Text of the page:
From the SEM analysis it is evident that a proper met-allurgical joint between base and angle has not been formed.

flux_residus_part3_4
flux_residus_part3_5

Picture 2: SEM/EDX analysis of aluminium ‘angle on coupon‘ brazed with KAlF4/BaF2 blend

There is flux residue present in the pulled apart fillet. This indicates that the liquid filler alloy was not capa-ble of pushing out completely the flux of the joint and it could be an explanation for the weakness of the fillet.

However, in case of the blend MD001212 LiCs24 with load 15g/m2 the joint structure is thorough as can be seen in picture 3 a).

flux_residus_part3_6

Picture 3: Microstructures of the brazed joints
a) Flux MD001212, load 15g/m2
b) Flux MD001223, load 15g/m2

It is worth mentioning when connecting blocks are brazed to condenser manifolds often a high load of manually applied flux is used in order to overcome the high Mg content in the block material. For such a case using the mixture MD001212 would allow for having quite high Mg content in the block material, which can be required by the designers of condens-ers.

The total concentration of 1.36% Mg (joint interface) is probably too high, because for most brazing applica-tions, a flux load of 15g/m2 is impractical. Thus, we decided to reduce the level of Mg in our samples to half – i.e. to 0.68% – by switching to an AA1050 (Al 99.5%) angle. We also reduced the flux load to a more process-typical level of 5g/m². The results are listed in table 2:

Flux Type Load Fillet visual validation Comment
MD001212 LiCs24 5 g/m2 100% good seam
NOCOLOK® Cs 5 g/m2 87% small joint

Table 2: Brazing tests AMAG coupon (0.68% Mg)/Al99.5 angle

The structure of the joint cross section below (picture 4) obtained with flux MD001212 LiCs24 shows good quality.

flux_residus_part3_7

Picture 4:Joint cross sections of alloys containing 0.68% Mg brazed with MD001212 LiCs24, load 5g/m2

To be continued…


  1. P Garcia et al, Solubility Characteristics of Potassium Fluoroaluminate Flux and Residues, 2nd Int. Alum. Congress HVAC&R, Dusseldorf (2011)
  2. P Garcia et al., Solubility and Hydrolysis of Fluoroaluminates in Post-Braze Flux Residue, 13th AFC Holcroft Invitational Aluminum Brazing Seminar, Novi (2008)
  3. J Garcia et al, Brazeability of Aluminium Alloys Containing Magnesium by CAB Process Using Cs Flux, VTMS5, 2001-01-1763 (2001)
  4. H Johannson et al, Controlled Atmosphere Brazing of Heat Treatable Alloys With Cesium Flux, VTMS6 C599/03/2003 (2003)
  5. Handbook of Chemistry and Physics; Ref. BaSO4: 0.0025 g/l
  6. U Seseke, Structure and Effect – Mechanism of Flux Containing Cesium, 2nd Int. Alum. Brazing Con., Düsseldorf (2002)

Approach to non-corrosive fluxes for further reduced residue solubility and improved magnesium tolerance
Technical Information by Ulrich Seseke-Koyro, Hans-Walter Swidersky, Leszek Orman, Andreas Becker, Alfred Ottmann
We split the article in four parts:

  1. Abstract and Basic Experimental Laboratory Procedures
  2. Reduced Flux Residue Solubility
  3. Improved Magnesium Tolerance
  4. Summary and Outlook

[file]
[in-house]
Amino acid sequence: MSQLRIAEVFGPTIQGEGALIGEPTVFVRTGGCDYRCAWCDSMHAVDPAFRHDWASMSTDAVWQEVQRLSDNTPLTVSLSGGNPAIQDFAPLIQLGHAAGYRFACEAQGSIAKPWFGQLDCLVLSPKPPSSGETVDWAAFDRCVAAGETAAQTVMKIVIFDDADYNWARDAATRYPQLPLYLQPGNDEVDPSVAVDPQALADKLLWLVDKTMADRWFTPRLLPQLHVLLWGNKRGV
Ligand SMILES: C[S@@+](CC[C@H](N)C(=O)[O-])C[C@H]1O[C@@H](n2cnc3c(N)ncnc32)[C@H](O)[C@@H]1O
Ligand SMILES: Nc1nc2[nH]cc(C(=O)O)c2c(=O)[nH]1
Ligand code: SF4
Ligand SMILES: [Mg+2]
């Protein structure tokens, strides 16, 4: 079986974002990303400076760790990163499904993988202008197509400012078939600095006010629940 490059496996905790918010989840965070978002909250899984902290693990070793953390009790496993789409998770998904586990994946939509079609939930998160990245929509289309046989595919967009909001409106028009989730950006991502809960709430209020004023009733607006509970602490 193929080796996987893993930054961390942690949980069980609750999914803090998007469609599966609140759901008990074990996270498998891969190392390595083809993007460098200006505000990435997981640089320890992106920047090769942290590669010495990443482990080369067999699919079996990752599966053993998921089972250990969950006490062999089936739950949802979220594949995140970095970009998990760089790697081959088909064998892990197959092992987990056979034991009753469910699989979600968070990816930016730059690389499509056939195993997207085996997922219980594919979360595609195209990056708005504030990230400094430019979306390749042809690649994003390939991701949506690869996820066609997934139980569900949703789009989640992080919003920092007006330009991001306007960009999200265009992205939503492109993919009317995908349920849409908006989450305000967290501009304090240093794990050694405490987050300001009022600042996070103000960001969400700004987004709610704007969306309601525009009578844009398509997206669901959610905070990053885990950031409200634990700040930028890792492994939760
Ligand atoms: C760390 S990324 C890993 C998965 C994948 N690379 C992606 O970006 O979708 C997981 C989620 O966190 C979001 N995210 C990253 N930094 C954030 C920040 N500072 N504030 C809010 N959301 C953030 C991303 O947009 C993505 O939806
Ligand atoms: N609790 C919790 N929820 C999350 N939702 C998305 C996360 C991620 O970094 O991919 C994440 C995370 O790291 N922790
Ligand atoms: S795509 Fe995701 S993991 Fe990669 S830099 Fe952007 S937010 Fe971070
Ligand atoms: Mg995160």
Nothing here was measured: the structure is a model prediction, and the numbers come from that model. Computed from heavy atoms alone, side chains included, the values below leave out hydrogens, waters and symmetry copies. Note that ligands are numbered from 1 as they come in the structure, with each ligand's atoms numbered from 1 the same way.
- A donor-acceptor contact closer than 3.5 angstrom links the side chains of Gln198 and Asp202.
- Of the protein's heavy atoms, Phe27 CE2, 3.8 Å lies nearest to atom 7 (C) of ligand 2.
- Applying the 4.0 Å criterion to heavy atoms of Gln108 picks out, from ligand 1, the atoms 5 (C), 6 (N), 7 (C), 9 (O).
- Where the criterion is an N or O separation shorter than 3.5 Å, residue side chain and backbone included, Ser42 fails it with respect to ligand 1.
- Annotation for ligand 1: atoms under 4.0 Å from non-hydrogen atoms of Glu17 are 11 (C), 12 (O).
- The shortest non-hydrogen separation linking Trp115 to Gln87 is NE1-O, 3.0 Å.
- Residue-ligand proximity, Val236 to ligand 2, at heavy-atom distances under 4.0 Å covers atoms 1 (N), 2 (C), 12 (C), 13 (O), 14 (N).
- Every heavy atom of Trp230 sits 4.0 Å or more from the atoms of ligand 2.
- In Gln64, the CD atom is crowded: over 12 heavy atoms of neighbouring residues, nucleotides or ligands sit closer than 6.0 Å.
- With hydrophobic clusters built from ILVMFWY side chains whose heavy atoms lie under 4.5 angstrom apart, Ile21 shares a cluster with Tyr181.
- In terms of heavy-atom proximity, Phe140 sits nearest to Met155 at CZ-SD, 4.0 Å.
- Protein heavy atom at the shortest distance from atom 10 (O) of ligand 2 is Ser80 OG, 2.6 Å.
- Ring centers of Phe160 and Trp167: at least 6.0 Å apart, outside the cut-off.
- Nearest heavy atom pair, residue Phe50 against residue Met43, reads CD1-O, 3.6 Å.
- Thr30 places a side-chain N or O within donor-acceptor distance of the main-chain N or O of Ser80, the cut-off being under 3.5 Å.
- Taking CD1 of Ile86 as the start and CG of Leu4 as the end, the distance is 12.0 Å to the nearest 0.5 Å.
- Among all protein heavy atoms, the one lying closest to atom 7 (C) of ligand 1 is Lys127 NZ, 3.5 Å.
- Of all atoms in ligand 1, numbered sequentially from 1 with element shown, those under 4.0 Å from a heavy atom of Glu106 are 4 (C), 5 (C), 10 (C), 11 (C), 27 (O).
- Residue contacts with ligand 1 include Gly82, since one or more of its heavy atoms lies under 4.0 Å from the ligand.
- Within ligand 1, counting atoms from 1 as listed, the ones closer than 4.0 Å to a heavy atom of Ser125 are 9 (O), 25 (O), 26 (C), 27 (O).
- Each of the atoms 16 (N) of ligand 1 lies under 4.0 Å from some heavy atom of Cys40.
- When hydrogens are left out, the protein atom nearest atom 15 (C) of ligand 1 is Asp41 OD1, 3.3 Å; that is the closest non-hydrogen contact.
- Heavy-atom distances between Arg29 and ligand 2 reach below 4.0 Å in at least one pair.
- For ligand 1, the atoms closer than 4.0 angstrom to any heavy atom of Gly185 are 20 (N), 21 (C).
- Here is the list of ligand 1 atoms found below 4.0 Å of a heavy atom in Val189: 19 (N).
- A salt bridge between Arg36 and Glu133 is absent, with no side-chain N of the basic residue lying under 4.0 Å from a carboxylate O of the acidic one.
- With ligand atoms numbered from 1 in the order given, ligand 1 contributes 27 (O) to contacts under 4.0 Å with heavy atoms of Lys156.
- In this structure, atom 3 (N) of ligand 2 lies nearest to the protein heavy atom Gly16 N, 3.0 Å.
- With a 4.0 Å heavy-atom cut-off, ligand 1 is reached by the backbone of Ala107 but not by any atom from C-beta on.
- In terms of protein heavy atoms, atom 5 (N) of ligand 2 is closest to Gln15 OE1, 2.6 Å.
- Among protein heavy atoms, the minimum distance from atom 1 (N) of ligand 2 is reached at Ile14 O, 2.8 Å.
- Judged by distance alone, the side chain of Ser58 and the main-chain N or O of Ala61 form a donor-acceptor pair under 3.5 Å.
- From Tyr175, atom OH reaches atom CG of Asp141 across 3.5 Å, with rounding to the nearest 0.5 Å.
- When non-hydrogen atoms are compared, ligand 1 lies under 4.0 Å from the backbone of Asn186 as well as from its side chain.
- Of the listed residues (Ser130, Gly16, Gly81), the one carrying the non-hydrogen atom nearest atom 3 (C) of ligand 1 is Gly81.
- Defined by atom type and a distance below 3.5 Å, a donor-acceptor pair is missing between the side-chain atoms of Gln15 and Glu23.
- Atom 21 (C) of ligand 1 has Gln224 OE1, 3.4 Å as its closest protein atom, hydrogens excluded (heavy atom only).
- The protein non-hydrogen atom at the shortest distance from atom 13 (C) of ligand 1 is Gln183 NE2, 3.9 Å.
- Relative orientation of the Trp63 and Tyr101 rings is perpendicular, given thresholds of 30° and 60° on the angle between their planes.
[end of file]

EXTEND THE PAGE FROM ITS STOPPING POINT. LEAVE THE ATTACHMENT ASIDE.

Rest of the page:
Reduced Flux Residue Solubility

The water solubility of standard NOCOLOK® Flux is 4.5 g/l, whereas for post-braze flux residue (pbr) it is 2.7 g/l. Post-braze residue of NOCOLOK® Li Flux shows a solubility of 2.2 g/l [1].

In the periodic table of chemical elements the group I fluorides have a reasonable low solubility (LiF: 2.7g/l [20°C]), but their Al-F-complexes much lower (Li3AlF6: 1.1g/l , K2LiAlF6: 0.3g/l with about 183 mg F-/l, K3AlF6: 2g/l), the group II fluorides (Alkaline Earth Fluorides “AEF”) show very low solubility (MgF2: 0.13g/l, CaF2: 0.016g/l, SrF2: 0.12g/l [25°C], BaF2: 0.12g/l [25°C]) [5]. Based on the facts of the dissolution behaviour of NOCOLOK® Li and the much lower solubility of the AEFs, we started investigating combinations of potas-sium fluoroaluminate fluxes with selected AEFs to combine the brazing characteristics of NOCOLOK® type flux with the very low solubility of AEF.

NOCOLOK® Flux consists of potassium fluoroalumi-nates with a specific ratio of KAlF4 and K2AlF5. Each of these compounds has different solubility. The combination of the (pure) compounds with different AEFs was of our main interest. We melted and pulverized the flux blends, dissolved them in a defined amount of DI-water and analyzed for K, Al and F.

The data achieved form these experiments is illus-trated in figure 1:

Flux-Residue-dia-1

Fig. 1: Solubility of flux blends – melted and pulverized
(lines are used to illustrate differences of the blends)

Considering minor statistical variations, the results look quite reasonable, with the blend of NOCOLOK® Li/BaF2 showing the lowest K value. This observation can be explained by the low solubility of NOCOLOK® Li Flux. Of more relevance is the actual post-braze solubility (flux residue) on brazed Al surfaces. Interactions of base material and molten filler metal may have a more complex chemical impact on the solubility behaviour

The results from coupon brazing under laboratory conditions and the solubility of the flux residue can be seen in figure 2.

Flux-Residue-dia-2

Fig. 2: Post-braze fluoride solubility of selected flux/ AEF combinations on Al coupons